Article by Peter Martin for Eat Out Magazine 09/01/17
The restaurant and pub market has an image problem – and the truth is the industry still needs to work harder to convince people that it is a great place to work and build a career.
Figures from CGA’s BrandTrack consumer research, from as recently as October, show that less than a quarter (24%) of the British public would recommend the hospitality industry as a career or even part-time employment. This compares with a third (34%) who are outright negative and would not recommend it.
The rest (42%) don’t know—suggesting a widespread uncertainty or lack of understanding about the industry and its opportunities.
The image of a low-skill, low-pay, long-hours culture sadly still persists in many quarters. Even parts of government seem to think that waiting is an unskilled job
It’s not through lack of effort on the industry’s part, though. The Perceptions Group in the pub and bar arena and the Big Conversation in hotels and restaurants are just two well-supported and imaginative initiatives to tackle the issue particularly among young people – and the work continues. But it’s a long haul.
However, it has to be said that the sector doesn’t always help itself. Just when we hoped media scandals around tipping and minimum wage were things of the past, first Le Gavroche and then Harrods hit the headlines just before Christmas over distribution of tips and service charges – two organisations that really should know better. The Harrods dispute is still rumbling on.
All employers in this business need to take a close look again at their practices to see not just how fair they are for their teams, but how they are going play with the public. The sector has to be squeaky clean.
But there is better news – and it involves the younger generation. That same CGA BrandTrack research found that younger people are more likely to recommend hospitality as a place to work than older ones. Among those aged 18 to 24, a third (33%) would do so, in contrast to less than a fifth (19%) of those aged 45 to 54. This suggests attitudes are changing across the generations, if only slowly.
People living in cities, where hospitality naturally has the highest concentration and profile, are also more likely to recommend it. In London, 34% of the general population say they would recommend a hospitality career, making it the only part of the country where more have a positive rather than negative view of working in the industry.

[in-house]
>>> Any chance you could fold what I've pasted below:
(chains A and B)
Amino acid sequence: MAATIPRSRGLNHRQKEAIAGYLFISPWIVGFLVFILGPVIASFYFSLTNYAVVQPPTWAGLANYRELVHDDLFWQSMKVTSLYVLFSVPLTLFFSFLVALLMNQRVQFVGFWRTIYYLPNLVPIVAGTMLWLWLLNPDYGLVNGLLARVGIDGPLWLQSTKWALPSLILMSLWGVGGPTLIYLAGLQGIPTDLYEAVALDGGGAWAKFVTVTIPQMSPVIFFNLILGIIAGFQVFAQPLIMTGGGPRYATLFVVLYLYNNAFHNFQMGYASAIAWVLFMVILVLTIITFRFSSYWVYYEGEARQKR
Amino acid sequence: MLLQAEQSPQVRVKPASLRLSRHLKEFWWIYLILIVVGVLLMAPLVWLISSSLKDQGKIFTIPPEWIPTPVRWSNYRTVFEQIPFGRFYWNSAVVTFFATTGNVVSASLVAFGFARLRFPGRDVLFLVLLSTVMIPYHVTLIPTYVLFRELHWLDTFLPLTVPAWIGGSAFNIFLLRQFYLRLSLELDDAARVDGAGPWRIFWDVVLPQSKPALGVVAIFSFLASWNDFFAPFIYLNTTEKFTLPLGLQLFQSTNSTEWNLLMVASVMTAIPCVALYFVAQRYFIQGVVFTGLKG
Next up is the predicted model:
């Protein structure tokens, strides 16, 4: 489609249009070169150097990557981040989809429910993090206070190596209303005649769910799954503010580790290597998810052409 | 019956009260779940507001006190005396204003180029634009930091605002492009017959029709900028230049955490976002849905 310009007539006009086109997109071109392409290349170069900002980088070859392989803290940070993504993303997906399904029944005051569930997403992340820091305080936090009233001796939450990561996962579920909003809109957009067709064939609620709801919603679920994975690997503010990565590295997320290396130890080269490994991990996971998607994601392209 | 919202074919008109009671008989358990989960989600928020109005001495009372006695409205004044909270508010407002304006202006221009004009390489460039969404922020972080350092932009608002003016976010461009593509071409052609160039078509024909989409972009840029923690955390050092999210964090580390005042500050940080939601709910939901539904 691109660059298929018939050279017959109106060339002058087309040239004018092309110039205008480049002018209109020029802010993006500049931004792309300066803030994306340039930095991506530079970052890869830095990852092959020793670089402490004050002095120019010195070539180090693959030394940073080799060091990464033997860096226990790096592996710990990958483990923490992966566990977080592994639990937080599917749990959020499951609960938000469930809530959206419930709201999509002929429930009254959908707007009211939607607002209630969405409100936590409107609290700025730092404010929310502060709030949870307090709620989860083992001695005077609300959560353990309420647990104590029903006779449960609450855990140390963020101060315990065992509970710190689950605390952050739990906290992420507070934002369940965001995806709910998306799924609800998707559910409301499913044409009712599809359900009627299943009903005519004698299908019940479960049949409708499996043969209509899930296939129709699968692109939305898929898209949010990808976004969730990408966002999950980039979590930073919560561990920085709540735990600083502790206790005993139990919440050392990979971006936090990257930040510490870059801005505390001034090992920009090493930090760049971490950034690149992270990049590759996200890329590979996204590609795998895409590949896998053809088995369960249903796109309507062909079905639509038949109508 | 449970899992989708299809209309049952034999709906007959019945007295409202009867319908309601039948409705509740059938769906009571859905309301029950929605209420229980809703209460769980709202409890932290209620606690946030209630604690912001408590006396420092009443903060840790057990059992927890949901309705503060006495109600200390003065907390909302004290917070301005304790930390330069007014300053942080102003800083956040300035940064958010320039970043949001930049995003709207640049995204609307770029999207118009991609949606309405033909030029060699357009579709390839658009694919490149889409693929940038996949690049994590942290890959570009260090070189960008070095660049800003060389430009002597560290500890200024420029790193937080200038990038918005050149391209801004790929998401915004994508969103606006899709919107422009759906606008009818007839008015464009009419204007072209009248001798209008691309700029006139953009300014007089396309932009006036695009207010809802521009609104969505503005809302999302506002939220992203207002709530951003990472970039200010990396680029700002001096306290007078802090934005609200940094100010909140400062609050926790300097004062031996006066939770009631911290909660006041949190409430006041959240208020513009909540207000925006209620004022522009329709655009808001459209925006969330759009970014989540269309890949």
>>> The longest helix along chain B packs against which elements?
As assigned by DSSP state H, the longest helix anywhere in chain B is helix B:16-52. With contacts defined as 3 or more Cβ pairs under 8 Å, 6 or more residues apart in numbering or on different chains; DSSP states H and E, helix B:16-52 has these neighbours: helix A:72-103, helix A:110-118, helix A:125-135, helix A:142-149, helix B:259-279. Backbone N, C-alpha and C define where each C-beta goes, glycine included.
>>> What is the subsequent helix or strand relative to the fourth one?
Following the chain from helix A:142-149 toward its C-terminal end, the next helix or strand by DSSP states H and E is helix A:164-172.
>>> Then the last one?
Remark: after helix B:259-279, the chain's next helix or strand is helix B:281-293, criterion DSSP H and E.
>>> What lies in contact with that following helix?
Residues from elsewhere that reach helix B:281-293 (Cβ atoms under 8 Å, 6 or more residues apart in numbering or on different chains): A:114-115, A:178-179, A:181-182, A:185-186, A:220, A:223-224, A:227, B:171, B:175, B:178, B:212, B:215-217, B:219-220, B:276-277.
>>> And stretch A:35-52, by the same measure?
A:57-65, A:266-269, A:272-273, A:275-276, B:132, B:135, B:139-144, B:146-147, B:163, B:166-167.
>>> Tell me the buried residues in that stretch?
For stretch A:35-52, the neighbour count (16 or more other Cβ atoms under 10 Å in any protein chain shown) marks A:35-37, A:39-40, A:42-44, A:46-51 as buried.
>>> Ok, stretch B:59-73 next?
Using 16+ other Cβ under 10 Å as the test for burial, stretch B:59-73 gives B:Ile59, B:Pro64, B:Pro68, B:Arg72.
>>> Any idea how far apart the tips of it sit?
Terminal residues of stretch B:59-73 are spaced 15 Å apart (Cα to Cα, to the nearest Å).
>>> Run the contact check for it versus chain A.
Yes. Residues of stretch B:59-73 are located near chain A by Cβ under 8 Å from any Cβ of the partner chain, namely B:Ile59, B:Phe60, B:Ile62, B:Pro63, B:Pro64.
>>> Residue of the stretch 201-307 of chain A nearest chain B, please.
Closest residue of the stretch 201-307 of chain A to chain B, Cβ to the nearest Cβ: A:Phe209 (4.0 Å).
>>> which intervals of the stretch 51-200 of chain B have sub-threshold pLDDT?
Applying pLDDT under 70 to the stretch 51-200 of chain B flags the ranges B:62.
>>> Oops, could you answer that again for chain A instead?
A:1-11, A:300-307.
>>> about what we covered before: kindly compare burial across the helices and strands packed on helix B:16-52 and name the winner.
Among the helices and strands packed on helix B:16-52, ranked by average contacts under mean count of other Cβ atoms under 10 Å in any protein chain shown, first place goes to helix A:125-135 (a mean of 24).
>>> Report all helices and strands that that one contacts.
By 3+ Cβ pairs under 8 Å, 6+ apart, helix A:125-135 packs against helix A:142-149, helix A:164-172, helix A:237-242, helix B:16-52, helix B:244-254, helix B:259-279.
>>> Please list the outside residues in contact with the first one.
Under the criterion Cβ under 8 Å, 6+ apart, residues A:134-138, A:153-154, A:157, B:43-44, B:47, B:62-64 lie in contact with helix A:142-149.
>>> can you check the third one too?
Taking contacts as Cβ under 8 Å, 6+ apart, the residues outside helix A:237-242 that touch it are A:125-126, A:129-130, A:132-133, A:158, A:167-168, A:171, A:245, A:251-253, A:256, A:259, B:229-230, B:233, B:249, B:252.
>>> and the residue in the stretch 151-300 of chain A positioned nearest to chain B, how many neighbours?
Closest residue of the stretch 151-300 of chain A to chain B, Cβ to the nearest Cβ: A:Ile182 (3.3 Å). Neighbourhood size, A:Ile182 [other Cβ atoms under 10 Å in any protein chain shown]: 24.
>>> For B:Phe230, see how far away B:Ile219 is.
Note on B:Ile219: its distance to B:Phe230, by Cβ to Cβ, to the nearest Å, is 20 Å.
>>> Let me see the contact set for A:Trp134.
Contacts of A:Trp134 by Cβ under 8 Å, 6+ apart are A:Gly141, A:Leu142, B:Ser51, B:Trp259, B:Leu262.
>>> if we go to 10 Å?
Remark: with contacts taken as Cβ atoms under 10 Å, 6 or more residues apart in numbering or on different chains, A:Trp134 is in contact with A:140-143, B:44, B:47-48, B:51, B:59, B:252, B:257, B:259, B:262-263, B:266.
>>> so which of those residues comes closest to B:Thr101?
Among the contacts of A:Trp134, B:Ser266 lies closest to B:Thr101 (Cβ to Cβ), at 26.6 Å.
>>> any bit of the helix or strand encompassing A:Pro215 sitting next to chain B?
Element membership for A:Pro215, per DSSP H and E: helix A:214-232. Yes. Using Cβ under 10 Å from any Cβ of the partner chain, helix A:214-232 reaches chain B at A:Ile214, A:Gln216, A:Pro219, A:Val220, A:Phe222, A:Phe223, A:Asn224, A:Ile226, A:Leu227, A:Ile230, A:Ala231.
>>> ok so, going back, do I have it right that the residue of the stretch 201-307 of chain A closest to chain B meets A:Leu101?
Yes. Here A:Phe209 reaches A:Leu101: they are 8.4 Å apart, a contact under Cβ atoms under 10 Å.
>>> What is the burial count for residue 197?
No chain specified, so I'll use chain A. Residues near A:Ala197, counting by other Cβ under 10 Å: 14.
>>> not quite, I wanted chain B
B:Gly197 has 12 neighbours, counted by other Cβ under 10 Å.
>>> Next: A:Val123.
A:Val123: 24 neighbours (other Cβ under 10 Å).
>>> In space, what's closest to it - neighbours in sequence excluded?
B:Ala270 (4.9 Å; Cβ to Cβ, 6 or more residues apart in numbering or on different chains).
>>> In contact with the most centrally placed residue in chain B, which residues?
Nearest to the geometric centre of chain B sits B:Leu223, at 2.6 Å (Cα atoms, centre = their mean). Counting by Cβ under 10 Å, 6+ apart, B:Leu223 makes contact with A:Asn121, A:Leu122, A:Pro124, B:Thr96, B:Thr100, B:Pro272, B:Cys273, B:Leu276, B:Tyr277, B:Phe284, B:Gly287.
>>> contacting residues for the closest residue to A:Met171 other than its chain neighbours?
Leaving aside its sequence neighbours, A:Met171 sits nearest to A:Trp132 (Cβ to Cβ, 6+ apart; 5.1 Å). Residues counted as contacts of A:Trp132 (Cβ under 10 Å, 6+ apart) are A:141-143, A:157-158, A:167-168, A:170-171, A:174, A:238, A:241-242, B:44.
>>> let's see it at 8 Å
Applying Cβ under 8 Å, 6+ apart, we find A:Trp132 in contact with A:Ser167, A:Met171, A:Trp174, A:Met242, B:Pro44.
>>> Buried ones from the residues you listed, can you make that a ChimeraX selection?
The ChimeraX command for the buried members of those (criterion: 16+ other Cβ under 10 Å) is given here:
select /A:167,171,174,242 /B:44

So what do we have? Though far from overwhelming, the most positive views of the sector are in areas where hospitality is most prevalent, and one might say progressive, and among those most likely already to be working in it and who the industry also wants to recruit, the young.
It’s that enthusiasm that needs to be harnessed – and isn’t the solution surely not just about putting young faces centre stage in recruitment campaigns but getting them actively involved in creating those messages and becoming true advocates for the sector? It’s about listening to them, giving them responsibility and incentives, using their media to bring in others like them? Pret a Manger has always had a good recruitment reputation and that’s the company that first passed down hiring decisions to front-line teams.
The other truth about pubs and restaurants is that talented individuals can progress rapidly up the chain. Where else can you find a 20-something as a general manger with responsibility for a £1 million plus operation – and with a salary that most teachers would envy?
Perhaps, it’s time we oldies gave that generation more space and trust in promoting the sector, just as we do in running our businesses? If we want to speed things up, perhaps we need to be more radical?
When it comes to tracking negativity about pubs and restaurant jobs, the generation gradient is stark. Old people don’t get it, so should we waste time trying to change their minds when that effort could be better spend on enthusing the under 25s? The older generation my just be like the ‘flat earth’ believers. They never changed their minds, but they are not around now.
Although parents have an undoubted influence on their off-spring’s career decisions, peer persuasion shouldn’t be under estimated either. The one area where there might be room for mind-changing, however, is among the sizable 40% or so of the public, and in particular men, who don’t currently have a view.
It looks like being a long, hard haul before hospitality careers are automatic first choices, but there’s plenty to work on.
This article first appeared in the February 2017 edition of Eat Out magazine.